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Kem Sokha Lawyers Object as Judge Calls It Quits on Witness Testimony

Kem Sokha waves from his vehicle as he leaves the Phnom Penh Municipal Court on October 12, 2022. CamboJA/Pring Samrang
Kem Sokha waves from his vehicle as he leaves the Phnom Penh Municipal Court on October 12, 2022. CamboJA/Pring Samrang

A Phnom Penh judge on Thursday said witness questioning in the nearly three-year treason trial of Kem Sokha was finished, while Sokha’s lawyers argued representatives of foreign organizations accused in the alleged “color revolution” plot should be summoned.

Phnom Penh Municipal Court presiding judge Koy Sao said the court had finished questioning witnesses and would hear closing arguments next week, if defense lawyers did not submit further motions.

Sokha, the former president of the outlawed opposition CNRP, was arrested in 2017 following government statements about an alleged conspiracy to overthrow the government, purportedly perpetrated by the CNRP with foreign support. The CNRP was dissolved by the Supreme Court two months later.

On Thursday, Sao said the court had summoned 27 witnesses in total but heard testimony from less than 10, since other witnesses’ testimony was not necessary and some had been questioned earlier in the court proceedings by the investigating judge.

Defense lawyer Meng Sopheary expressed dissatisfaction with the court not having summoned more witnesses to testify, especially police officers who raided Sokha’s house and arrested him in the middle of the night in September 2017, as well as representatives from Serbia-based Centre for Applied Nonviolent Action and Strategies, or Canvas, U.S.-funded nonprofit International Republican Institute and the U.S. Agency for International Development.

“The court should summon Canvas representatives, IRI as well as USAID to testify because the court has accused them of carrying out a color revolution,” Sopheary said.

“The court has finished [questioning witnesses],” Sao replied. “It has enough witnesses’ testimony and there is no need to summon more.”

Earlier during the hearing, Sokha’s lawyers argued that a prosecutor had intimidated testifying witnesses by telling them that those who lied under oath in court may be jailed.

While continuing questioning of activists who had attended a 2016 training for CNRP officials and activists in Indonesia, which was supported by Canvas, deputy prosecutor Chhay Hong told environmental activist Ma Chettra and ex-CNRP youth activist Khoeun Virath that they faced prison if they provided false testimony to the court.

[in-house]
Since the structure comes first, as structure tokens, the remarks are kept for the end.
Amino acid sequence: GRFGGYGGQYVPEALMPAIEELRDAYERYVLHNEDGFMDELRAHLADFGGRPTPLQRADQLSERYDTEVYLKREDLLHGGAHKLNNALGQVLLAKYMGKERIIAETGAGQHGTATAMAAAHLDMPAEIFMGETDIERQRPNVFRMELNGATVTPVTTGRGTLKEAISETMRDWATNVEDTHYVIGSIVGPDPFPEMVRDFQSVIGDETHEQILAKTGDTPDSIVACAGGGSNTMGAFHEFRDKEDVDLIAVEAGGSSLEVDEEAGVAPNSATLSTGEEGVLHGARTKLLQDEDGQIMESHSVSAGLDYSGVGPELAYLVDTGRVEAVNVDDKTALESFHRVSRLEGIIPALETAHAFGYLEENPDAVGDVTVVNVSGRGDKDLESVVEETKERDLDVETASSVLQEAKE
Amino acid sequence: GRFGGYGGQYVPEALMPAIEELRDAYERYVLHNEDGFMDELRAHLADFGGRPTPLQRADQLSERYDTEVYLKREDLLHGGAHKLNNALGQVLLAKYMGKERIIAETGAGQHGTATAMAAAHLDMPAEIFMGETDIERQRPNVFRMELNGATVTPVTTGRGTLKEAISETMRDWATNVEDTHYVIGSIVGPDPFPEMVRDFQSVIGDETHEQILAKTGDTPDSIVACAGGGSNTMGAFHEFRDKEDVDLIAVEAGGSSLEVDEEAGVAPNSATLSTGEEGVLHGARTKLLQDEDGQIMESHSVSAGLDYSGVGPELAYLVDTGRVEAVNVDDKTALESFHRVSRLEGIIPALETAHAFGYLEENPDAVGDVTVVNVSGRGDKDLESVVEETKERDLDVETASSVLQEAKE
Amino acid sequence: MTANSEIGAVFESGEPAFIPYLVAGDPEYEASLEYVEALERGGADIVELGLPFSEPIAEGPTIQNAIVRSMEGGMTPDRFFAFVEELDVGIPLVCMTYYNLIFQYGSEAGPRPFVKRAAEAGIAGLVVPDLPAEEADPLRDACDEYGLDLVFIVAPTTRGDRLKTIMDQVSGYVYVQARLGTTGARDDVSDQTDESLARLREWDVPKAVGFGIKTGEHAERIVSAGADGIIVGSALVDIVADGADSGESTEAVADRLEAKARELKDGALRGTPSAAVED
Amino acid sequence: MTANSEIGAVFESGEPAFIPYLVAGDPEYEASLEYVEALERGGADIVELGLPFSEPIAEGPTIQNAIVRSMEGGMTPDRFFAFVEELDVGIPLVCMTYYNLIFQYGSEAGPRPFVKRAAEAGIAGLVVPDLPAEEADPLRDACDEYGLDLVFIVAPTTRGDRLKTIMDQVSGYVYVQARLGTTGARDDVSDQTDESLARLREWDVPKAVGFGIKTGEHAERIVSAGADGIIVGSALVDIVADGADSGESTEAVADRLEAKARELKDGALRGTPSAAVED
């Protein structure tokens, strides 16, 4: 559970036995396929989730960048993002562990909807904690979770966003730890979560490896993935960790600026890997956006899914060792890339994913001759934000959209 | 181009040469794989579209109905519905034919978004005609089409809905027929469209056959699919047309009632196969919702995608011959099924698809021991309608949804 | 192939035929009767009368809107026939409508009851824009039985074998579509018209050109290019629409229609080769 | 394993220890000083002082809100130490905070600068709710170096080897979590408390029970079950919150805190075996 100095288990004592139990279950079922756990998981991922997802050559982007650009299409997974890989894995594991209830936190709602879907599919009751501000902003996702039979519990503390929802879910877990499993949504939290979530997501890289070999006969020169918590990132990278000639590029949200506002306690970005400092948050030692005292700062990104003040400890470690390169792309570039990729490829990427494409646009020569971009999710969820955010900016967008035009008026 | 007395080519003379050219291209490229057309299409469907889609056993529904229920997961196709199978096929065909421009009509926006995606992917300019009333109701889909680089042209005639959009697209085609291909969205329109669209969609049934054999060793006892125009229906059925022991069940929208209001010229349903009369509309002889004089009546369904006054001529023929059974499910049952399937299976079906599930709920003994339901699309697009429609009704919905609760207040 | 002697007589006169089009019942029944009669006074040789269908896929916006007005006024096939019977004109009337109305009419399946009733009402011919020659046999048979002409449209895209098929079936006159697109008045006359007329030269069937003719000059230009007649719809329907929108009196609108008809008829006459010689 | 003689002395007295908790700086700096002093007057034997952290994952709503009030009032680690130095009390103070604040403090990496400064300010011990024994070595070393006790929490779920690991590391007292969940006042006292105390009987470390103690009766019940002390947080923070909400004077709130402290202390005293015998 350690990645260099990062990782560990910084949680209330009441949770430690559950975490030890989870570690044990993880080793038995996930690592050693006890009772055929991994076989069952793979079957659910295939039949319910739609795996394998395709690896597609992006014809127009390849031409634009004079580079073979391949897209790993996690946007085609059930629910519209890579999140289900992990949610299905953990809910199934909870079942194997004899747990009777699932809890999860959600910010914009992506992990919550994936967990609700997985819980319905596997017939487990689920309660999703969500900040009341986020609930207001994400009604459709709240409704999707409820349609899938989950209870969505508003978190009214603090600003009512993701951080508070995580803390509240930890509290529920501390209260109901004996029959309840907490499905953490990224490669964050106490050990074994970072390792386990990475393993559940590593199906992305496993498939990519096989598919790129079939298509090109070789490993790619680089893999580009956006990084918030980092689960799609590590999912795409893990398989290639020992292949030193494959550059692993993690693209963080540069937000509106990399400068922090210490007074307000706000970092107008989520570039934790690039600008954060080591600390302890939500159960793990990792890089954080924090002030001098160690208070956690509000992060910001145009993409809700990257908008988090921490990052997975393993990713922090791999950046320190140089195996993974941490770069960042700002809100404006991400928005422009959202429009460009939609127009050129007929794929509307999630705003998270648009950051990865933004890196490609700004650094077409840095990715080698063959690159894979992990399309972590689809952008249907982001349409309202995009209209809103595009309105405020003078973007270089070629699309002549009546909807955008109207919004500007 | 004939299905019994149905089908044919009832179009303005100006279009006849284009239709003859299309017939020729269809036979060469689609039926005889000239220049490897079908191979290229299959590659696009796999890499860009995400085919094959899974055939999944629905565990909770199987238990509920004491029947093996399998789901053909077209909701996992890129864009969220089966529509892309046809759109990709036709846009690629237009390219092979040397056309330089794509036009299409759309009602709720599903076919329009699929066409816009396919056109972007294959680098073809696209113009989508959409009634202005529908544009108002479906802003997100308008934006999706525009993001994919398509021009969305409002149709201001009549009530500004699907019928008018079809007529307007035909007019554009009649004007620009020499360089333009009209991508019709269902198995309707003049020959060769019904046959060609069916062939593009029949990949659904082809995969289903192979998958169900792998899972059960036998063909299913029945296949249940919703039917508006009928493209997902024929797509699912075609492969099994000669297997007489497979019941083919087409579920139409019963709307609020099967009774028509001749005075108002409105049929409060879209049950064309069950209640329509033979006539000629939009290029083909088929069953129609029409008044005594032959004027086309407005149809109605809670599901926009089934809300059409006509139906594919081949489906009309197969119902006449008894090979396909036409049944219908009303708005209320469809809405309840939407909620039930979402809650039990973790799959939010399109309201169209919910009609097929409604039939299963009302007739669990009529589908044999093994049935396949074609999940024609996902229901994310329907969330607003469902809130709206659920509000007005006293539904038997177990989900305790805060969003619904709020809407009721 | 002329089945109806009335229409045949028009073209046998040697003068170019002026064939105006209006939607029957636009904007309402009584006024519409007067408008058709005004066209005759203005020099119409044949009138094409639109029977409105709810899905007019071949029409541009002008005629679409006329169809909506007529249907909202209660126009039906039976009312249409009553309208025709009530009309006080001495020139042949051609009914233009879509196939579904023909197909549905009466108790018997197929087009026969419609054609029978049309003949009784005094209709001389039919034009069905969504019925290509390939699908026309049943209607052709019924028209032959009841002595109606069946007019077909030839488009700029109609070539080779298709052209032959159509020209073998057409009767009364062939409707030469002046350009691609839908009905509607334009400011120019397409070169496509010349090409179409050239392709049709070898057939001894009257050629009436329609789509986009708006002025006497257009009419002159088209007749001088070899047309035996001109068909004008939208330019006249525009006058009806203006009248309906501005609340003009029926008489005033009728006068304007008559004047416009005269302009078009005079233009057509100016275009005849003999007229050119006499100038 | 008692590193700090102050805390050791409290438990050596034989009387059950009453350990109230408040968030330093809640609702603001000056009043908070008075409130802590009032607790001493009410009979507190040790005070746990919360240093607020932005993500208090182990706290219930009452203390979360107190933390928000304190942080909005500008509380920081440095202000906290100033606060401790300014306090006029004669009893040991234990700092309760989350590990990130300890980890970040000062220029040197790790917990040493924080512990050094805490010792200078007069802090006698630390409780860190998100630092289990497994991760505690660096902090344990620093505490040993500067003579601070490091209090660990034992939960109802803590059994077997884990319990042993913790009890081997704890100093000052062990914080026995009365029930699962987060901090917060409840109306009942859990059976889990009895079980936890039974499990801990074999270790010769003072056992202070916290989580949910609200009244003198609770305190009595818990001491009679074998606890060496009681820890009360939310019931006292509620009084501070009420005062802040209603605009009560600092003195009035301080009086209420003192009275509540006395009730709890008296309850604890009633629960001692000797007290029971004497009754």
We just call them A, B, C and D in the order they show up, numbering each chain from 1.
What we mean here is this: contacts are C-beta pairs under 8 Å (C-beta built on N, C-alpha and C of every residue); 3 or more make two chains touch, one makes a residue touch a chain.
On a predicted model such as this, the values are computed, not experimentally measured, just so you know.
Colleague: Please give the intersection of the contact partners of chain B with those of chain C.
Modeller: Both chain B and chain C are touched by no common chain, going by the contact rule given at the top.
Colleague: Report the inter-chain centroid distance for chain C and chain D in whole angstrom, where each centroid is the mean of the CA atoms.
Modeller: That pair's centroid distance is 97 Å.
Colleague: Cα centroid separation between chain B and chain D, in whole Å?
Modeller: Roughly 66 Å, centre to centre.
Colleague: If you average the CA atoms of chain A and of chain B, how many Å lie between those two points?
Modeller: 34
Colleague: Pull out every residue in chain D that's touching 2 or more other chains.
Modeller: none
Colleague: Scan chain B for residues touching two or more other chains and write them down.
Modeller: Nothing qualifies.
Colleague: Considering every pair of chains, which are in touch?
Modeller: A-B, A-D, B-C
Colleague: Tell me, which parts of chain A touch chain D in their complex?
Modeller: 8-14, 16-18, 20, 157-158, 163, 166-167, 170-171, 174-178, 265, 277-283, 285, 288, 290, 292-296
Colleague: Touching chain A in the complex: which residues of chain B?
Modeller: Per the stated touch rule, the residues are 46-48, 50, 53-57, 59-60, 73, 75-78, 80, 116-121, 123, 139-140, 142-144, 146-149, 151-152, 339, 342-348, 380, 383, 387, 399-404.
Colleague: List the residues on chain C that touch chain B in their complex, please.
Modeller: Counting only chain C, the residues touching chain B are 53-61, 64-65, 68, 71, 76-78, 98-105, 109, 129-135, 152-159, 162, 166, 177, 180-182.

“Witnesses have to state what they have heard and seen. If they give false testimony, they will face from two to five years in prison when the court has found it out,” Hong said.

Under the Criminal Code, providing false testimony under oath is punishable by two to five years in prison and a fine of 4 million to 10 million riel ($1,000 to $2,500). Intimidating a witness carries the same penalties, with possible prison sentences increased to five to 10 years if the act of intimidation is successful in persuading a witness to make a false statement or not to make a statement.

Hong then asked Chettra about the Canvas training, taking a mocking tone and suggesting that the course being conducted in Khmer and English made it nefarious.

“Why did you have a translator if the lesson was in Khmer?” Hong yelled. 

“You yell at me, how can I answer?” Chettra replied.

Hong said Canvas was an organization that trained people to conduct “color revolutions” and asked Chettra to respond.

“I don’t know,” the activist replied. Chettra also said he had never seen the Canvas training slideshow about nonviolent political advocacy strategies that the prosecution has shown in court.

“We were trained on the electoral process, electoral monitoring and voter registration,” Chettra said.

On Wednesday, another witness who had attended the 2016 training, Keo Srey Neang, also said it focused on elections.

In addition, Virath, the former CNRP activist, said the Canvas training did not instruct participants to overthrow the government.

“They did not teach [this],” he said.

Sokha’s lawyers raised an objection over the prosecutor’s loud voice and aggressive questioning.

“It was threatening and intimidating,” attorney Pheng Heng said.

Another defense lawyer, Chan Chen, asked Chettra whether he feared prosecutor Hong’s tone. Chettra said he was a little afraid.

Judge Sao, however, said the witnesses were not being intimidated since what the prosecutor said about lying under oath was stipulated in the law.

“When we give false testimony or lie, it will lead a judge to make a wrong judgment,” Sao added.

The trial is scheduled to resume on Wednesday.

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